Articles Tagged “special diets”

Down & Dirty

Down & Dirty: Sweet Potatoes and Yams

By • December 21, 2012 • 4 Comments

Sweet_potatoes_yams_1

 

What's in a name? Well, for starters, sweet potatoes aren't really potatoes -- they're actually in the morning glory family. And yams are in a genus all their own, more closely related to lilies than spuds. The naming confusion can be traced to the American South in the 18th and 19th centuries, when African slaves encountered the sweet potato and naturally linked it in their minds with their native yam. But they're both delicious no matter they're called -- nomenclature aside, today we take a close look at sweet potatoes and yams.

 

Read More »

Down & Dirty

Down & Dirty: Kohlrabi

By • December 14, 2012 • 6 Comments

Kohlrabi_1

We might as well just say it: kohlrabi is a little weird. The name literally means "cabbage turnip" in German (makes sense, right?), and they're as common as cabbages and turnips themselves in Eastern Europe, where they've been around for centuries. Stateside, though, they're a little more unusual -- "you'd think it had just landed on earth," Elizabeth Scneider says in Uncommon Fruits & Vegetables: A Commonsense Guide -- so farmers' markets and CSA boxes are your best bet for the hardy, prolific stems.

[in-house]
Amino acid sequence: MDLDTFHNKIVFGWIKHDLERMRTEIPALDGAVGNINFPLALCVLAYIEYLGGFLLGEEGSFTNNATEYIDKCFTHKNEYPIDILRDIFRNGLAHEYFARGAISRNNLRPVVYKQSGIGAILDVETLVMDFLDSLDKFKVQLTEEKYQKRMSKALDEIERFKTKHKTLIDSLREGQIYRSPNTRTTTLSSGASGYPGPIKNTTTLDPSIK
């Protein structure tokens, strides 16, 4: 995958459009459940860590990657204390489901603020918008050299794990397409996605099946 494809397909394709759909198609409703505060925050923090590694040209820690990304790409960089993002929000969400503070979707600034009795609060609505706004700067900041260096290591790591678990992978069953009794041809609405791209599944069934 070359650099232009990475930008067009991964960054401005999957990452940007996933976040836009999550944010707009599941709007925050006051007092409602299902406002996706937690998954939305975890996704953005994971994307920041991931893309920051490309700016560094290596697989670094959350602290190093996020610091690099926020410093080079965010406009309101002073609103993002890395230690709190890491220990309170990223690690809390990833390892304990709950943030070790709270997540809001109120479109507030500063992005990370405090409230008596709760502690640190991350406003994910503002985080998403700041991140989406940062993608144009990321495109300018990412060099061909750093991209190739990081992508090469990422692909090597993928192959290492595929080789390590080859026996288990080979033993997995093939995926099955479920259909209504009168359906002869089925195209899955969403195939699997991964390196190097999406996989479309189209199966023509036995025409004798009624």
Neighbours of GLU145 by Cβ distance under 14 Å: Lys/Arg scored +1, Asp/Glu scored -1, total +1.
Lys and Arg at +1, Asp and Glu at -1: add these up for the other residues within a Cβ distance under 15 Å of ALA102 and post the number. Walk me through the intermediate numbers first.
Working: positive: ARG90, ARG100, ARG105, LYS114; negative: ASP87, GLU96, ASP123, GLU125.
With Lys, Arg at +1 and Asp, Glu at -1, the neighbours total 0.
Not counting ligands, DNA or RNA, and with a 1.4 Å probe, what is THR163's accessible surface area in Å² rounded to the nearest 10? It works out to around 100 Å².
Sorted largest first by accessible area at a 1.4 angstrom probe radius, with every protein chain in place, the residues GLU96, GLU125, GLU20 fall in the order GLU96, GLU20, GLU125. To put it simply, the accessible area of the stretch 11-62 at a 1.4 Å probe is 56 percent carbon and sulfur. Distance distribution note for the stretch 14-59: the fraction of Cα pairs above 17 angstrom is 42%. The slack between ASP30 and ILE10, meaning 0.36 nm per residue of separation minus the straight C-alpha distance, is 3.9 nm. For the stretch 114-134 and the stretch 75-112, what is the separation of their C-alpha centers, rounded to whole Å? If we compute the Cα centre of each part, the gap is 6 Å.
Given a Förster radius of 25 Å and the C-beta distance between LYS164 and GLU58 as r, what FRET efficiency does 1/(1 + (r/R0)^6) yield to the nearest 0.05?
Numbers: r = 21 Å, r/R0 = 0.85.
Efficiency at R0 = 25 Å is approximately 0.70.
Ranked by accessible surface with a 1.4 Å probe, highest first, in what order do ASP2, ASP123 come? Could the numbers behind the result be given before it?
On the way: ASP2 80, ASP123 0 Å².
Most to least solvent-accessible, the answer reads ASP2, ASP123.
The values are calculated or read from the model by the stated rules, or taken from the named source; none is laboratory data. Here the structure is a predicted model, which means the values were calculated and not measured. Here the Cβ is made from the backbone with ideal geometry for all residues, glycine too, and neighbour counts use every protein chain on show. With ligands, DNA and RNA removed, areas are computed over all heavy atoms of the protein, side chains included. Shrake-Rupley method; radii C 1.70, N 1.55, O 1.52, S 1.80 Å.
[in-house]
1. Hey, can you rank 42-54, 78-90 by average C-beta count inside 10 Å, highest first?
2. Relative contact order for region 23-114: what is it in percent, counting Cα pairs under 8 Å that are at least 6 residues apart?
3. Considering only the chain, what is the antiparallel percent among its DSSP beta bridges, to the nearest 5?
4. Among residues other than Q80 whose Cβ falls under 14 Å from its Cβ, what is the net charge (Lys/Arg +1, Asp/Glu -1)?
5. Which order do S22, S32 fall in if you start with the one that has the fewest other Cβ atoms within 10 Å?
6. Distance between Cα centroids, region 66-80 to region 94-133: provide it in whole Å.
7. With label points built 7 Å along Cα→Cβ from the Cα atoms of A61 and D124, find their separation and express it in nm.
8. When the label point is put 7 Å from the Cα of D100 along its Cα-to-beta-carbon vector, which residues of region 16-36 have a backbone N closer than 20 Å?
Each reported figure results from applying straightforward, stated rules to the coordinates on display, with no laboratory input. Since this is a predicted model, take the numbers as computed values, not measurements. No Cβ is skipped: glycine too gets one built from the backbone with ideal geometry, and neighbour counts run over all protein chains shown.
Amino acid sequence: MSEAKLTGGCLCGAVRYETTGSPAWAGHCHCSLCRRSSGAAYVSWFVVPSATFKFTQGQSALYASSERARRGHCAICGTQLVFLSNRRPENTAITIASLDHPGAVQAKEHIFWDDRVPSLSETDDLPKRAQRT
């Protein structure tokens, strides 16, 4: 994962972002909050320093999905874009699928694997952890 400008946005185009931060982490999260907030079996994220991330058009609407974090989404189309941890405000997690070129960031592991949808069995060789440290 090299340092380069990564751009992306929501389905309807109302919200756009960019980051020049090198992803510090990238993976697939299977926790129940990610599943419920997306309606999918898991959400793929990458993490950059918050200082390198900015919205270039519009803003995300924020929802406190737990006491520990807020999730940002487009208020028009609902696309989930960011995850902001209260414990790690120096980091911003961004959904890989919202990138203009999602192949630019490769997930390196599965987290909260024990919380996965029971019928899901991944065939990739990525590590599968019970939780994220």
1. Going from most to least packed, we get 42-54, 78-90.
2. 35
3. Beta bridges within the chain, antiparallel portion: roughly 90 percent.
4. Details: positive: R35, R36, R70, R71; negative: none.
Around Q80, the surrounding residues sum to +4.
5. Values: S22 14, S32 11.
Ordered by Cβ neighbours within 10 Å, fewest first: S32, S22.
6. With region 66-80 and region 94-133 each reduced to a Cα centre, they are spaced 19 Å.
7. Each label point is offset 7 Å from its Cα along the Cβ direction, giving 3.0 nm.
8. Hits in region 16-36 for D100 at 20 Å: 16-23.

Read More »

Down & Dirty

Down & Dirty: Dark Leafy Greens

By • December 7, 2012 • 6 Comments

Swiss_chard_2

Today we're taking a nose dive into the salad bowl with a half-dozen varieties of dark leafy greens. These plants come from a few different plant families -- arugula, kale, and collards are Brassicas, spinach and chard are in the Amaranth family, and dandelion is from the family Asteraceae -- but they share certain essential characteristics in the kitchen: all can be enjoyed raw or cooked, and they're all hardier than the fragile salad greens of spring.

 

Read More »

Down & Dirty

Down & Dirty: Pears

By • November 30, 2012 • 8 Comments

Food52_10-09-12-3680

Pears are so distinct that the only word we have to describe their shape is "pyriform," which means, literally, "pear-shaped"! They've been cultivated for millennia -- there were pear tree groves in China 3000 years ago -- and there are thousands of varieties, many of them decorative or inedible. In the US, you'll find about 10 common varieties, among them Comice, Anjou, Bartlett, Seckel, and Bosc.

 

Read More »